The government needs to take a lead on climate change but not use green taxes as an excuse to "raid people's pockets", David Cameron has said.
Mr Cameron admitted he could do more to combat climate change
The Tory leader told Sky News it had been a mistake to raise air passenger duty, but not reduce taxes elsewhere.
He said that would "sap people's faith" in the government's green agenda, just as it needed to lead a "cultural change" in public attitudes.
Tony Blair has been attacked for saying he would not give up long-haul flights.
In an interview on Tuesday, the prime minister said he would not give up flying and said it was "impractical" to ask people to stop flying.
But Mr Cameron told Sky News a cultural change was needed to persuade everyone to play their part.
"What you need is people to change their view about the environment and to change their behaviour, and I think that starts at the top," he said.
He said the government needed to implement annual targets for reducing CO2 emissions - something Mr Blair has resisted - and take an annual carbon report as seriously as the annual budget.
"So there's cultural change at the top, and then it's got to go all the way through," he said.
"You want businesses to be competing with each other for actually who can have the best green reputation, who can get their energy bills down the most and be the most competitive."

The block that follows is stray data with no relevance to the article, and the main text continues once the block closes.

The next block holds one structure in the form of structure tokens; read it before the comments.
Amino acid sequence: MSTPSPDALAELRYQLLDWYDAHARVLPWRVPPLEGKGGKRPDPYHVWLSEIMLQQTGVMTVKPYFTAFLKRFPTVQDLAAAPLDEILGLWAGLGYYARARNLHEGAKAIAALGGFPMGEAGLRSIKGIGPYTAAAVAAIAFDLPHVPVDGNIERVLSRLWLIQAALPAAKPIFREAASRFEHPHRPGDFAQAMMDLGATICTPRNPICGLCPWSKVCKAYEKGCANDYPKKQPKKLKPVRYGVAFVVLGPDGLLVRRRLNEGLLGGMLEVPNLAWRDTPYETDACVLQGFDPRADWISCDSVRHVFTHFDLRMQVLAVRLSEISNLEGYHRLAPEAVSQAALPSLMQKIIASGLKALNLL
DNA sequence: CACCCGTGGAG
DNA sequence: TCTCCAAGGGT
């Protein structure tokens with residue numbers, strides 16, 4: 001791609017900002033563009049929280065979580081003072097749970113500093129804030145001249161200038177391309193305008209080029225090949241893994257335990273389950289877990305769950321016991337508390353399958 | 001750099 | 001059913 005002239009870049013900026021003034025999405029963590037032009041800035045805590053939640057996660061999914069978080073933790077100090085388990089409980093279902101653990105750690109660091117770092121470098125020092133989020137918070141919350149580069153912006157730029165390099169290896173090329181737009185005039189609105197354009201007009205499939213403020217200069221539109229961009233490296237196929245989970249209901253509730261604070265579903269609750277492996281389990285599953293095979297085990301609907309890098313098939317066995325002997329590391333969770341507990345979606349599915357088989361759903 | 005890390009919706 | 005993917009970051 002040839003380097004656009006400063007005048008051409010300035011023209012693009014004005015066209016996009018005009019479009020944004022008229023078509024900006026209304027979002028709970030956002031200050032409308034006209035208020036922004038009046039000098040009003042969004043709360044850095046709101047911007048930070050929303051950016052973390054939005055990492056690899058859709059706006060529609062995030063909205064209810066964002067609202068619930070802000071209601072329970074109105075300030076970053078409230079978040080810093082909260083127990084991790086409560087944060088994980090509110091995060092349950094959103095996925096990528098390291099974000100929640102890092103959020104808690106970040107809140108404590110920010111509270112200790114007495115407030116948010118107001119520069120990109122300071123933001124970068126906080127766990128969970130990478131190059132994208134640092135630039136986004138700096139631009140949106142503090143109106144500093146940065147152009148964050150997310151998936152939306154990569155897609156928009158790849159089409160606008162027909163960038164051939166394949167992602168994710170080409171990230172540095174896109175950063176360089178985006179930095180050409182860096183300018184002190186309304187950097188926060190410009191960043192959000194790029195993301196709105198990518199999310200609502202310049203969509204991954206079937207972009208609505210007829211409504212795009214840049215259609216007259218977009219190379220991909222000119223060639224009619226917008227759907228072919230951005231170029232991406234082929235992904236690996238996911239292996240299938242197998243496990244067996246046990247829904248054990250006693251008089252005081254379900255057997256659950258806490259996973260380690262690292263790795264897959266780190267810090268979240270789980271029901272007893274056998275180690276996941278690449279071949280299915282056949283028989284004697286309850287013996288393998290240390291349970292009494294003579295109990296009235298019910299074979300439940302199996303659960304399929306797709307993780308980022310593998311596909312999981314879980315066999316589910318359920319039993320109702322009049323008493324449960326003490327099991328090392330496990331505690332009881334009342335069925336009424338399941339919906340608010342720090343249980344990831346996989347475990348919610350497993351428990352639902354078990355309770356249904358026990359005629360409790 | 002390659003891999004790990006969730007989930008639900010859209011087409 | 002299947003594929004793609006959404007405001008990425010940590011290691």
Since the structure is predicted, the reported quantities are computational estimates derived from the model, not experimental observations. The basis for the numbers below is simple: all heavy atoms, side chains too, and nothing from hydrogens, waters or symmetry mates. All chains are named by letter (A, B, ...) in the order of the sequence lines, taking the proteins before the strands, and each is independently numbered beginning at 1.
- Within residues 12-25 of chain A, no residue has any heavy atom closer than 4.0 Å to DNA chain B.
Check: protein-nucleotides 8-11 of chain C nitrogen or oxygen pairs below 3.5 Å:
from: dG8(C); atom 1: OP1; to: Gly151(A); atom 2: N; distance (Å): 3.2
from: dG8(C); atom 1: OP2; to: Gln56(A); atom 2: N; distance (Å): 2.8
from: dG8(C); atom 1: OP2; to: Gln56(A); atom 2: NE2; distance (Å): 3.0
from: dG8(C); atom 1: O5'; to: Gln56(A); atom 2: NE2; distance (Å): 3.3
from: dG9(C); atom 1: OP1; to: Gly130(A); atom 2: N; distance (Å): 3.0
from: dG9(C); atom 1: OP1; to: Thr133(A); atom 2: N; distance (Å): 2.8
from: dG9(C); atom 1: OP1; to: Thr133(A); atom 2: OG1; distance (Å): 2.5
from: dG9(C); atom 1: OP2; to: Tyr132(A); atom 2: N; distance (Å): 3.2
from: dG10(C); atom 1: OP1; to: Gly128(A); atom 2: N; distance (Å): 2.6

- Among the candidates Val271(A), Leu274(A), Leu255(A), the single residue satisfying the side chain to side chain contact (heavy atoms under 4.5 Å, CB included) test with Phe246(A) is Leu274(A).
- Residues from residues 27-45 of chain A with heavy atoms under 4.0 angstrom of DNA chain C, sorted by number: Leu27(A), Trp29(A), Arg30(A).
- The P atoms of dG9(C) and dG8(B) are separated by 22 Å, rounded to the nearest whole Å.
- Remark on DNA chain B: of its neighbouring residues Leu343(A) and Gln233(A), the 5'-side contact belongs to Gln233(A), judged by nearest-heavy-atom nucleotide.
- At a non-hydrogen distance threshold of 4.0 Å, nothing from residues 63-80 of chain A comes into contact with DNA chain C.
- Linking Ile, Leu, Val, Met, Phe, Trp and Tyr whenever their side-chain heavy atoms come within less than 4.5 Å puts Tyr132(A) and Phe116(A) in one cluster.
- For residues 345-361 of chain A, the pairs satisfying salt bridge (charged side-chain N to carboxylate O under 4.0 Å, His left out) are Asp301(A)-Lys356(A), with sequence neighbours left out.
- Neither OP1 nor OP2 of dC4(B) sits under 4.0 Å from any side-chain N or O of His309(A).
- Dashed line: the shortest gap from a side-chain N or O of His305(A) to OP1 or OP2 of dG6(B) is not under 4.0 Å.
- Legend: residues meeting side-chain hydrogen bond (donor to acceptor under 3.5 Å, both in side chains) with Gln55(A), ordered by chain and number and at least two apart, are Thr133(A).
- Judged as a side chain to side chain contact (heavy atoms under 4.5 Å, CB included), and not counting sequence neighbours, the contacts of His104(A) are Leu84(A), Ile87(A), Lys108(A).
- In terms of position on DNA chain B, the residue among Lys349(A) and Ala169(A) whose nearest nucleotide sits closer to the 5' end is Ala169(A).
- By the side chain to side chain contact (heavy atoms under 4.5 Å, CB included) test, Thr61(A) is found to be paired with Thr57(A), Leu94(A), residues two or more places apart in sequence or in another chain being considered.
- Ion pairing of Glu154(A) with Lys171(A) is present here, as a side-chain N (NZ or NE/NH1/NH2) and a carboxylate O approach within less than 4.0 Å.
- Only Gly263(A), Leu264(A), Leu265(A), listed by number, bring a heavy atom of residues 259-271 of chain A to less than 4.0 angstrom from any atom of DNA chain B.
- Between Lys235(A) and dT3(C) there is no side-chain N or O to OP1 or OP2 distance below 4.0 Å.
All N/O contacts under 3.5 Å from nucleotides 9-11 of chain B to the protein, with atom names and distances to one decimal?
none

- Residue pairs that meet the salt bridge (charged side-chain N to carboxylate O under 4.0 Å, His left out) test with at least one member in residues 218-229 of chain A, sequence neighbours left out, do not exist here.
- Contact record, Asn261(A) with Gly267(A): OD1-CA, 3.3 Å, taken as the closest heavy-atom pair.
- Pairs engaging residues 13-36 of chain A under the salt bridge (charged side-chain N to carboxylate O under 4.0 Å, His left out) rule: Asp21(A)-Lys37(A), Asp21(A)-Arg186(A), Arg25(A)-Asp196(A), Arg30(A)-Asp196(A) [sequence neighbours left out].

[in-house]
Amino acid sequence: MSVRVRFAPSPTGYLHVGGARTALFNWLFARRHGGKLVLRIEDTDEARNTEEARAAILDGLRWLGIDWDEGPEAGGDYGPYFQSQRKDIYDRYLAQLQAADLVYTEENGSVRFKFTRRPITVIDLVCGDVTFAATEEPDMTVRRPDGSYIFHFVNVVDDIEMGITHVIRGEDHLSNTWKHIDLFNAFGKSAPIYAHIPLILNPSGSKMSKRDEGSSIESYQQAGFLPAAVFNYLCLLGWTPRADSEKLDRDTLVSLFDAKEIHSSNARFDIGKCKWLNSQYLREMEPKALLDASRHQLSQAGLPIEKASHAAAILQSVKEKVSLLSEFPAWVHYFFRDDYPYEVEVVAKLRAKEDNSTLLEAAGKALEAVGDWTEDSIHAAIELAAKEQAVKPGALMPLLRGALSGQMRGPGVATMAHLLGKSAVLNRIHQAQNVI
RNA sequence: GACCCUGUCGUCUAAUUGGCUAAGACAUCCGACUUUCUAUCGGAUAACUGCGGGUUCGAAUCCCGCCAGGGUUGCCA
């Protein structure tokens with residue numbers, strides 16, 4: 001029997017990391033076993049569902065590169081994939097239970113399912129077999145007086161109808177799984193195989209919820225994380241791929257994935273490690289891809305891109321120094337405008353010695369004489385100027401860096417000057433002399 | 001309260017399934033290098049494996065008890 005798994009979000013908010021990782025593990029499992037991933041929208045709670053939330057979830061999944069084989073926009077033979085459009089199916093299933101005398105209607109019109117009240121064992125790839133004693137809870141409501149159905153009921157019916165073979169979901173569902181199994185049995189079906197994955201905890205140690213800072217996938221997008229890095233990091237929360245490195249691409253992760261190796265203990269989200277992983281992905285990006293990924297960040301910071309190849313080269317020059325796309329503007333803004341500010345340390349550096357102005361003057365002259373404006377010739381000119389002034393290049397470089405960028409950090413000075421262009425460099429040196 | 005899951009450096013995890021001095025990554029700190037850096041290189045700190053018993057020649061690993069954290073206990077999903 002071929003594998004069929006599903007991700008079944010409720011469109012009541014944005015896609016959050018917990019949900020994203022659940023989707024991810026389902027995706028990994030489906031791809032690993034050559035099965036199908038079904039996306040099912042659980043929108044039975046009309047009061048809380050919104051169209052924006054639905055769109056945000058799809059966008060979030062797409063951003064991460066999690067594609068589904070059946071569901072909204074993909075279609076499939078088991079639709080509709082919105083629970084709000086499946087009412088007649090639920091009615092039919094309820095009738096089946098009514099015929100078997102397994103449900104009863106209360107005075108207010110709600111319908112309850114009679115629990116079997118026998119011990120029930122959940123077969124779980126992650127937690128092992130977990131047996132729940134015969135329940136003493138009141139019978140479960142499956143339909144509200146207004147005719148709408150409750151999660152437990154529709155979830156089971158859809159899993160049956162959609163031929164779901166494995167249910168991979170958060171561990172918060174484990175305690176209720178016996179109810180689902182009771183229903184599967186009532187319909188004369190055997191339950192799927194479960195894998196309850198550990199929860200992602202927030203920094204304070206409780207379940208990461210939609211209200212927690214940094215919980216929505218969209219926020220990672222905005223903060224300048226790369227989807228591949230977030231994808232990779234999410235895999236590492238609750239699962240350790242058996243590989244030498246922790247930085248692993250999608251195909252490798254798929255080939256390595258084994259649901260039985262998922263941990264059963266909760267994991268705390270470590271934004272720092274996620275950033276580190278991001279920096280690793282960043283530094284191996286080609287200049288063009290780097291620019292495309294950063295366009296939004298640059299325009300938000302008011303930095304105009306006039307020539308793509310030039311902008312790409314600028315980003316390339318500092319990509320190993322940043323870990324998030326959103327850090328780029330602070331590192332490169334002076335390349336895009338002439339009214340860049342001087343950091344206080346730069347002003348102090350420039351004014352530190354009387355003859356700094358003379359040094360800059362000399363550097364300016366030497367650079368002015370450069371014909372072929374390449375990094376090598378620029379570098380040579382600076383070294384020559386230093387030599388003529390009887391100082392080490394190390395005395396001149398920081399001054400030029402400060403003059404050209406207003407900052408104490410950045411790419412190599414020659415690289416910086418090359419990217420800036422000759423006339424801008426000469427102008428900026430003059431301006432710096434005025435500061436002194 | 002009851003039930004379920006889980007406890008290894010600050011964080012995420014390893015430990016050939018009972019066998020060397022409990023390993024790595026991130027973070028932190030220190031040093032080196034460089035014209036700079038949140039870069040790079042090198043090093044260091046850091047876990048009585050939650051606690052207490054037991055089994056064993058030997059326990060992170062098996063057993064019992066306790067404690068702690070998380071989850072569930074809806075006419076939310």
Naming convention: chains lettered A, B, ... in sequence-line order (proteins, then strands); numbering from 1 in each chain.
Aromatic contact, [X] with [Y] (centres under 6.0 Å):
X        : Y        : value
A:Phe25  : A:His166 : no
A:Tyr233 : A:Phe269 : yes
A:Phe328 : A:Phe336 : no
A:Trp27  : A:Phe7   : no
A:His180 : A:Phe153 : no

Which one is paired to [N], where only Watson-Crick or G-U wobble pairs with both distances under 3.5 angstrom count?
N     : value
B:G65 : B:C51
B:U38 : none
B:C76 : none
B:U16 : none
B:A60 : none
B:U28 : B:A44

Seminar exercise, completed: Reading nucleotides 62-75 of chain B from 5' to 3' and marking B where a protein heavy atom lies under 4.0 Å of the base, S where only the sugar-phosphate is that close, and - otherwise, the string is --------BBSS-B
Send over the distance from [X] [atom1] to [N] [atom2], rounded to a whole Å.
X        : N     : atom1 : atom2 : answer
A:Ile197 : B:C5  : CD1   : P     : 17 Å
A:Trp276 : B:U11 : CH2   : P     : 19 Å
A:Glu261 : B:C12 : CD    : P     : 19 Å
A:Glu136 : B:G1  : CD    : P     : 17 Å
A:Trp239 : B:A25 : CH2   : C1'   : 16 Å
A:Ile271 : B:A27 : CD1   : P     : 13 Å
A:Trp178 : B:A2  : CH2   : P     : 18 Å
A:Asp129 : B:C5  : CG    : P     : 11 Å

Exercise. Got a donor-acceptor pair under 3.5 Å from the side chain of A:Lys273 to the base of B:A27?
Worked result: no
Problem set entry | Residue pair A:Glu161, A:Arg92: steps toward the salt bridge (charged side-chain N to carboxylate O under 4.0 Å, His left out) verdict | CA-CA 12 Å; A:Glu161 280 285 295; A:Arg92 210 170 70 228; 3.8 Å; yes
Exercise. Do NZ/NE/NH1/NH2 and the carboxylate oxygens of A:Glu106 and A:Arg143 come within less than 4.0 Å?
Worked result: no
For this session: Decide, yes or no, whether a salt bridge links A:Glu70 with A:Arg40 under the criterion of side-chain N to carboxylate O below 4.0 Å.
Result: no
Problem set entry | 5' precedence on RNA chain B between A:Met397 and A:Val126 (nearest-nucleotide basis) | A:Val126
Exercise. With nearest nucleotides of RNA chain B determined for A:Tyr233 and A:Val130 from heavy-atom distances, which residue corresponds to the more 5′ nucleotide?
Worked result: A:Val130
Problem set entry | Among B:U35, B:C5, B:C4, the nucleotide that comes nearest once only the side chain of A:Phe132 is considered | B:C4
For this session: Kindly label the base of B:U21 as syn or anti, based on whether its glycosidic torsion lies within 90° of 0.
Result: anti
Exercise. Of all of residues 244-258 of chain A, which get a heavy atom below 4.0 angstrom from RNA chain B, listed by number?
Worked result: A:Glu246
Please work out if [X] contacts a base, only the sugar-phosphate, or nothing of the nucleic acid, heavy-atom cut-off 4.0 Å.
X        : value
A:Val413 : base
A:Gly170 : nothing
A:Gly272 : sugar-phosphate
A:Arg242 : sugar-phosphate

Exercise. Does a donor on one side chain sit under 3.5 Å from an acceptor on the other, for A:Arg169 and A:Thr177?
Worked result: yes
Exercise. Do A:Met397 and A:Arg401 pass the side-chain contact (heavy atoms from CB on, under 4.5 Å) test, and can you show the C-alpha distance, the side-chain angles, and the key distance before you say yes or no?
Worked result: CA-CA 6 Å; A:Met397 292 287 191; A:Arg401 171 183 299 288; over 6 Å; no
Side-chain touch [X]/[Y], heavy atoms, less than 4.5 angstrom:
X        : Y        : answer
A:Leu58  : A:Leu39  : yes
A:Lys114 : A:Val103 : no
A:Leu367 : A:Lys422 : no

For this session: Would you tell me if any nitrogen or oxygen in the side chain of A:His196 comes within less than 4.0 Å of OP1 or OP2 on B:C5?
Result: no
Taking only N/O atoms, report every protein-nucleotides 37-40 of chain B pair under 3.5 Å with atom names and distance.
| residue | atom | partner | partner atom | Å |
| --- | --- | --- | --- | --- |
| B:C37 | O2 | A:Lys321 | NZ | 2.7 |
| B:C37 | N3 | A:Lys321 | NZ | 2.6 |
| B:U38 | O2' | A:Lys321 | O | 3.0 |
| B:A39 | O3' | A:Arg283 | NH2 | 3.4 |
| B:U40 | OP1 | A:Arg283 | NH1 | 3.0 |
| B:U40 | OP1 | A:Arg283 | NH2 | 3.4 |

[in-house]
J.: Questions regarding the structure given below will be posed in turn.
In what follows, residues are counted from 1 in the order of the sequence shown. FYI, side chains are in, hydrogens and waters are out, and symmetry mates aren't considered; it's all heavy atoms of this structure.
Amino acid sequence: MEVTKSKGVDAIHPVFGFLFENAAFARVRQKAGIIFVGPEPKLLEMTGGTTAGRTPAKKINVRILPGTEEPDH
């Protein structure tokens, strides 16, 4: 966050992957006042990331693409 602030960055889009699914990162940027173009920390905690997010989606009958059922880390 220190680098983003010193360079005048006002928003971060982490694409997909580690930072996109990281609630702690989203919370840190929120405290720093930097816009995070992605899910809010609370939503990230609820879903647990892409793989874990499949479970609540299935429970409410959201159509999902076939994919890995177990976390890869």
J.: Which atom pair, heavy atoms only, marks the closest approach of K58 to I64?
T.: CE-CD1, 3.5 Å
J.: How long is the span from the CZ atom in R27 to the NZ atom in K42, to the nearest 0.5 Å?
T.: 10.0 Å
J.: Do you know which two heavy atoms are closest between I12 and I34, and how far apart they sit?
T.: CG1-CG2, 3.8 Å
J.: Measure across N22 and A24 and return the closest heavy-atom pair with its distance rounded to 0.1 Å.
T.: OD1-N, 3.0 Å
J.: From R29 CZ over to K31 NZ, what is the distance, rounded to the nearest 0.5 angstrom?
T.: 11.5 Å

He said schools should be teaching about the environment, while councils should be competing to see who can build the greenest housing schemes.
But he said people were right to think that the £5 rise in air passenger duty from February, without reductions elsewhere, was being used to "get a bit more money".
"The better way to do it is to put up green taxes but to relieve taxes elsewhere and say: 'Look, we're doing this for the good of the environment'.
"Then I think we'd take people with us."
Mr Blair warned against putting people off the 'green agenda'
He said everyone had to take action, not just the government - but admitted there was still more he could do in his own properties.
"There are lots of things we do that we could do better and I am the first to say that," he said.
On Tuesday one of Mr Blair's own advisers criticised his "muddle-headed" leadership on climate change.
It followed Mr Blair's remarks that he would not give up flying, doubted any politician would tell people not to fly, and questioned the impact of UK-only climate action.
"I'm not going to be in the situation of saying I'm not going to take holidays abroad or use air-travel. It's just not practical," he said.
No 10 later said Mr Blair would offset emissions from his holiday flights.